Recent clinical data have begun to clearly define when to implant cardiac rhythm devices and which patients will benefit the most from them.
A cute heart failure accounts for more than one million primary hospitalizations annually, and more than three million contributing hospitalizations. It is the leading cause of hospitalization in patients over the age of 65—which will grow as the population ages.
Advanced heart failure (HF) patients with low ejection fractions (EF) are candidates for cardiac-resynchronization therapy (CRT). CRT has been shown to be an effective treatment, but not preventive, in this patient population. The MADIT-CRT trial, however, found that the use of CRT with an implantable cardioverter defibrillator (CRT-D)—compared to the use of ICDs alone—could prevent the development of HF in asymptomatic patients with low EF and wide QRS complex.
MADIT-CRT found that in these at-risk patients CRT-D devices reduced HF events by 41 percent and HF or death by 34 percent. “These striking results were significantly better in women than in men,” says principal investigator Arthur J. Moss, MD, from the University of Rochester Medical Center in Rochester, N.Y.
But how do these results translate into real-life clinical practice? Not very well, says Mariell L. Jessup, MD, from the University of Pennsylvania School of Medicine in Philadelphia. In an editorial, Jessup wrote that the MADIT-CRT results indicate that 12 patients would need to be treated to prevent a single HF event ( N Engl J Med 2009; 361:1394-1396). As a result, she questions the economic value of the treatment. “An analysis based on data from the five longest CRT randomized trials revealed that the incremental cost per quality-adjusted life-year gained was $32,822. The incremental cost effectiveness of combined CRT with ICD devices, as compared with CRT devices alone, has been markedly higher in most analyses,” Jessup wrote. “Is this money that could be spent more wisely?”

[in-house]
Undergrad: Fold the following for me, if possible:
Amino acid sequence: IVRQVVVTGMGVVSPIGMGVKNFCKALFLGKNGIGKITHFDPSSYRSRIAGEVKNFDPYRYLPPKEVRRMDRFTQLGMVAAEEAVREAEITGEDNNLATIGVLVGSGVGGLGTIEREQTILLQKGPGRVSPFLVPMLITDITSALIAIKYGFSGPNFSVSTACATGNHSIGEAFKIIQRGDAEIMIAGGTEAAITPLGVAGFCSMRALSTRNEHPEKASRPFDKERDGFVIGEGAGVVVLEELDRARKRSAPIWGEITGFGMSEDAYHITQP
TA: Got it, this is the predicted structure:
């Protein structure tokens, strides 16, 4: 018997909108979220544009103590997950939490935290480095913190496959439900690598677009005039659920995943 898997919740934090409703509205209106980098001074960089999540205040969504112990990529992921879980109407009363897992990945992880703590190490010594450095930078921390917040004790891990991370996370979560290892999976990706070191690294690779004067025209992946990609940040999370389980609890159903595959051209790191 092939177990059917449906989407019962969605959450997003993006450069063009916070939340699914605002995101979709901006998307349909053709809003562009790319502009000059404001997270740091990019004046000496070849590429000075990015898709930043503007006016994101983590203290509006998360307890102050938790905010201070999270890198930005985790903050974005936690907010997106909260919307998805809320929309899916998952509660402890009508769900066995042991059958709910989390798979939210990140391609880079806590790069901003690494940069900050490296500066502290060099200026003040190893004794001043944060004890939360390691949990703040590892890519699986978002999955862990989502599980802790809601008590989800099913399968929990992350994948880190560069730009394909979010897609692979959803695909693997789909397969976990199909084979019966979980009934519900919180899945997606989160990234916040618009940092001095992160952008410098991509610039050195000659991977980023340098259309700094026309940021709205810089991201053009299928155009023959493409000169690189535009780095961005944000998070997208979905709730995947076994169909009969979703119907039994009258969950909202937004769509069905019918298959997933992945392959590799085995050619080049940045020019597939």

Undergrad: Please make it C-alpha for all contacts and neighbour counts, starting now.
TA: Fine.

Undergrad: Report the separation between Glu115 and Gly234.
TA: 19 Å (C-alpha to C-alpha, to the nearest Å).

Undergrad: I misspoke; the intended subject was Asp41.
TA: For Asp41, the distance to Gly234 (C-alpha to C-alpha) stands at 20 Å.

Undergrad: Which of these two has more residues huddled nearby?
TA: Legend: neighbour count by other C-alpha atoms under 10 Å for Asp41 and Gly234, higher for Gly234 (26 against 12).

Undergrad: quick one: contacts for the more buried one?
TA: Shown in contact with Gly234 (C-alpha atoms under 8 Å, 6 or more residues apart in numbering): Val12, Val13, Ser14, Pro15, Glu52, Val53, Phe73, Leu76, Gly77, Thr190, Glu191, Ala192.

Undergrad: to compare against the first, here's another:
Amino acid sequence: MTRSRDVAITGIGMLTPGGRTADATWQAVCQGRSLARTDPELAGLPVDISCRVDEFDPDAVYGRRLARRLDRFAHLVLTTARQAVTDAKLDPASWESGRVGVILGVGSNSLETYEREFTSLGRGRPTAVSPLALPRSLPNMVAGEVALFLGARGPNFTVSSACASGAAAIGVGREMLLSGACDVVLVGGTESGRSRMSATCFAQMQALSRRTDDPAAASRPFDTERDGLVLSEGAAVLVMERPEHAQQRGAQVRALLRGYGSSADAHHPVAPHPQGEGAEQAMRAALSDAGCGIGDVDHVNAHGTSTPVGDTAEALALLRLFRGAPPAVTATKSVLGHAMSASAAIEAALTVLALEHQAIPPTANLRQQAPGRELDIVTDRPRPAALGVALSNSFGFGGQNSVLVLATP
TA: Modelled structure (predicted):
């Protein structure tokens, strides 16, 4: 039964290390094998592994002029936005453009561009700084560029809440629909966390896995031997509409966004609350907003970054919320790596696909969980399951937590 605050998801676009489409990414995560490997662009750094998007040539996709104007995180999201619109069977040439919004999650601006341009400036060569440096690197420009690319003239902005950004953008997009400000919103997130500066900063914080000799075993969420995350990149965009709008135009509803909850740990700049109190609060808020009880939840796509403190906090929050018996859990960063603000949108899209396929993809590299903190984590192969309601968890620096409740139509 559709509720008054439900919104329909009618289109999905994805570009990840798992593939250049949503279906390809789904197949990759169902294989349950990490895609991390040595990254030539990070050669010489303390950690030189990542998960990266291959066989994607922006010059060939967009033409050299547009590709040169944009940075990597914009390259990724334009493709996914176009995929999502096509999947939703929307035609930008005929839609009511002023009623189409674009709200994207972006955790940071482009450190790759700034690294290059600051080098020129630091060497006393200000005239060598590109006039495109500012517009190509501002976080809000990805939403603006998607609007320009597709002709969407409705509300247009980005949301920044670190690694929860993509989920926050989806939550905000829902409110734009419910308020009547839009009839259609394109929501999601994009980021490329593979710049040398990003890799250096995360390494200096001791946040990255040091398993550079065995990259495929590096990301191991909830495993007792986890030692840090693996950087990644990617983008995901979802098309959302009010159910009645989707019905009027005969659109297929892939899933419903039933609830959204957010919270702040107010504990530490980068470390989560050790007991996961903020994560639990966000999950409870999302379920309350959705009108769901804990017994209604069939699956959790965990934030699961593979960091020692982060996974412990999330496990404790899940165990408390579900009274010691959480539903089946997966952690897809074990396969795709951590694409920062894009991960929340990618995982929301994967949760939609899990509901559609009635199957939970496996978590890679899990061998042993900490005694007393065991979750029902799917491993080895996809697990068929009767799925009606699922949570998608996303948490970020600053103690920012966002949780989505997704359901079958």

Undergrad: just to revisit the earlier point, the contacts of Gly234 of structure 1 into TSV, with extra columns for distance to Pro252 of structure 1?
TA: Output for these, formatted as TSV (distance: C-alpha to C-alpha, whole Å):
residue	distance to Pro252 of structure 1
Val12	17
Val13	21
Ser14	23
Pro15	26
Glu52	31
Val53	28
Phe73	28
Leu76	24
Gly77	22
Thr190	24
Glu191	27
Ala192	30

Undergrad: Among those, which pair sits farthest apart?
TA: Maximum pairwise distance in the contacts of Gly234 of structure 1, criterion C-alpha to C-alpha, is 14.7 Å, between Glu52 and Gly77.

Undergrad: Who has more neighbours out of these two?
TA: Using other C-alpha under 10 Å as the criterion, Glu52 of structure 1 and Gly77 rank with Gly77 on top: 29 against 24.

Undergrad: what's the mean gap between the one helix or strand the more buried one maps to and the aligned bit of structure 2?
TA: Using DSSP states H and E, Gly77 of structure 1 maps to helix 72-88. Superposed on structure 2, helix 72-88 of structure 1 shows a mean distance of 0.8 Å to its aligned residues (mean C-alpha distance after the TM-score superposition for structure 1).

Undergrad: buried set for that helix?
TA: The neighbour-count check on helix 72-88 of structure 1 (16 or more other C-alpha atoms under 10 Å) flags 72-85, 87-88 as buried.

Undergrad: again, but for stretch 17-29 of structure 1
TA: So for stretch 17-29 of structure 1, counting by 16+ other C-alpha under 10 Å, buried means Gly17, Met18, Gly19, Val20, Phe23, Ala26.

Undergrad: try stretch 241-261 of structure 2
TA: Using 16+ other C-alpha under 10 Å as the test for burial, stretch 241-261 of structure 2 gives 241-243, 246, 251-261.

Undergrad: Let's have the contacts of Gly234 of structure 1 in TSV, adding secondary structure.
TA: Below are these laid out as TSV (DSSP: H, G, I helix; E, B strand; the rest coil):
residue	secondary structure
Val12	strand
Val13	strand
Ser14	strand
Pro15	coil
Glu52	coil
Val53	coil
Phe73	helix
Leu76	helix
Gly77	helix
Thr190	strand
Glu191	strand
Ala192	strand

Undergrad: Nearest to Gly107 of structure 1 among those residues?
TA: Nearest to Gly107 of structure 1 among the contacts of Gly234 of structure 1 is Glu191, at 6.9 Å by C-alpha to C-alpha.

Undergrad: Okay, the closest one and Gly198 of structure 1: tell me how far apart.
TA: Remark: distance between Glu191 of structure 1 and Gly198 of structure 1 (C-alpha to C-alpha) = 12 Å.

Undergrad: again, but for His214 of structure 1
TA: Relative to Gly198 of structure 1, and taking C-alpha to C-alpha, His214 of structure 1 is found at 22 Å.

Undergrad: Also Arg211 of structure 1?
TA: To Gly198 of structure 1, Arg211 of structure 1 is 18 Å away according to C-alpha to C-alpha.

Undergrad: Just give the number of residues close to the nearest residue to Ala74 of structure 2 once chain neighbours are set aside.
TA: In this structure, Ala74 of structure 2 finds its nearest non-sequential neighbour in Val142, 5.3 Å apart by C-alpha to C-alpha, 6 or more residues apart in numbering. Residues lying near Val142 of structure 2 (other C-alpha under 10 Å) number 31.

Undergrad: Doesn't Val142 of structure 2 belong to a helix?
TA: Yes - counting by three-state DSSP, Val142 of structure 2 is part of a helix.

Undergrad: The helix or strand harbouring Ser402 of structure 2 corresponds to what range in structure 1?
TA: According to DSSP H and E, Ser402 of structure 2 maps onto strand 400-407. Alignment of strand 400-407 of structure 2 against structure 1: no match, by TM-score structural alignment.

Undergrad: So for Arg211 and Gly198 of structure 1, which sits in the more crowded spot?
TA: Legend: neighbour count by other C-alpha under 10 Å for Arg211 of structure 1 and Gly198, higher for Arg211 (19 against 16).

She concluded that any expanded indication for CRT in less-symptomatic patients should be confined to patients with a QRS duration of more than 150 msec and in whom previous marked symptoms have been controlled with optimal medical therapy. In response, Moss says that “one ought to separate science from cost effectiveness,” adding that the price points could potentially change over time.
“Cost effectiveness always improves with time. The cost of the devices is currently expensive because they are used in relatively few patients. However, if the devices gained more widespread acceptance, they could come down in price considerably,” he says.
The Heart Rhythm Society (HRS) will examine data from MADIT-CRT to determine if changes to guidelines are in order, says Richard Page, MD, president of the society and chair of cardiology at University of Washington School of Medicine in Seattle. “It’s a large, well-conducted trial with impressive trends for heart failure patients that could expand indications for these devices,” Page says.
Moss and colleagues submitted these data in November to the FDA for premarket approval of CRT-D in class 1 and II heart failure patients. If the FDA grants approval, Medicare will most likely reimburse for this resynchronization therapy, Moss says.
Despite positive trends with implanted devices, concerns exist about complication rates. New results from the REPLACE registry, delivered at the 2009 American Heart Association conference, showed a six-month major complication rate of 15.3 percent in 1,000 patients with pacemaker and ICD replacements that included planned lead additions or revisions (see table). The overall infection rate (major and minor) was low (1.1 percent), while the peri-operative major complication rate was 2.4 percent (cardiac perforation and pneumothorax topped the list). Researchers also found a high (18.7 percent) complication rate for left ventricular lead additions or revisions in 750 patients.
“There is an increased recognition of the risk associated with these procedures, but there also are large trials indicating clear benefits,” Page says. “Unlike previous years, 2009 did not see any massive recalls due to problems with the devices.”
Most notably, in late 2007, Medtronic suspended global distribution of its Sprint Fidelis family of defibrillation leads because of the potential for lead fractures. At the time, approximately 268,000 Sprint Fidelis leads had been implanted worldwide.
Complication rates may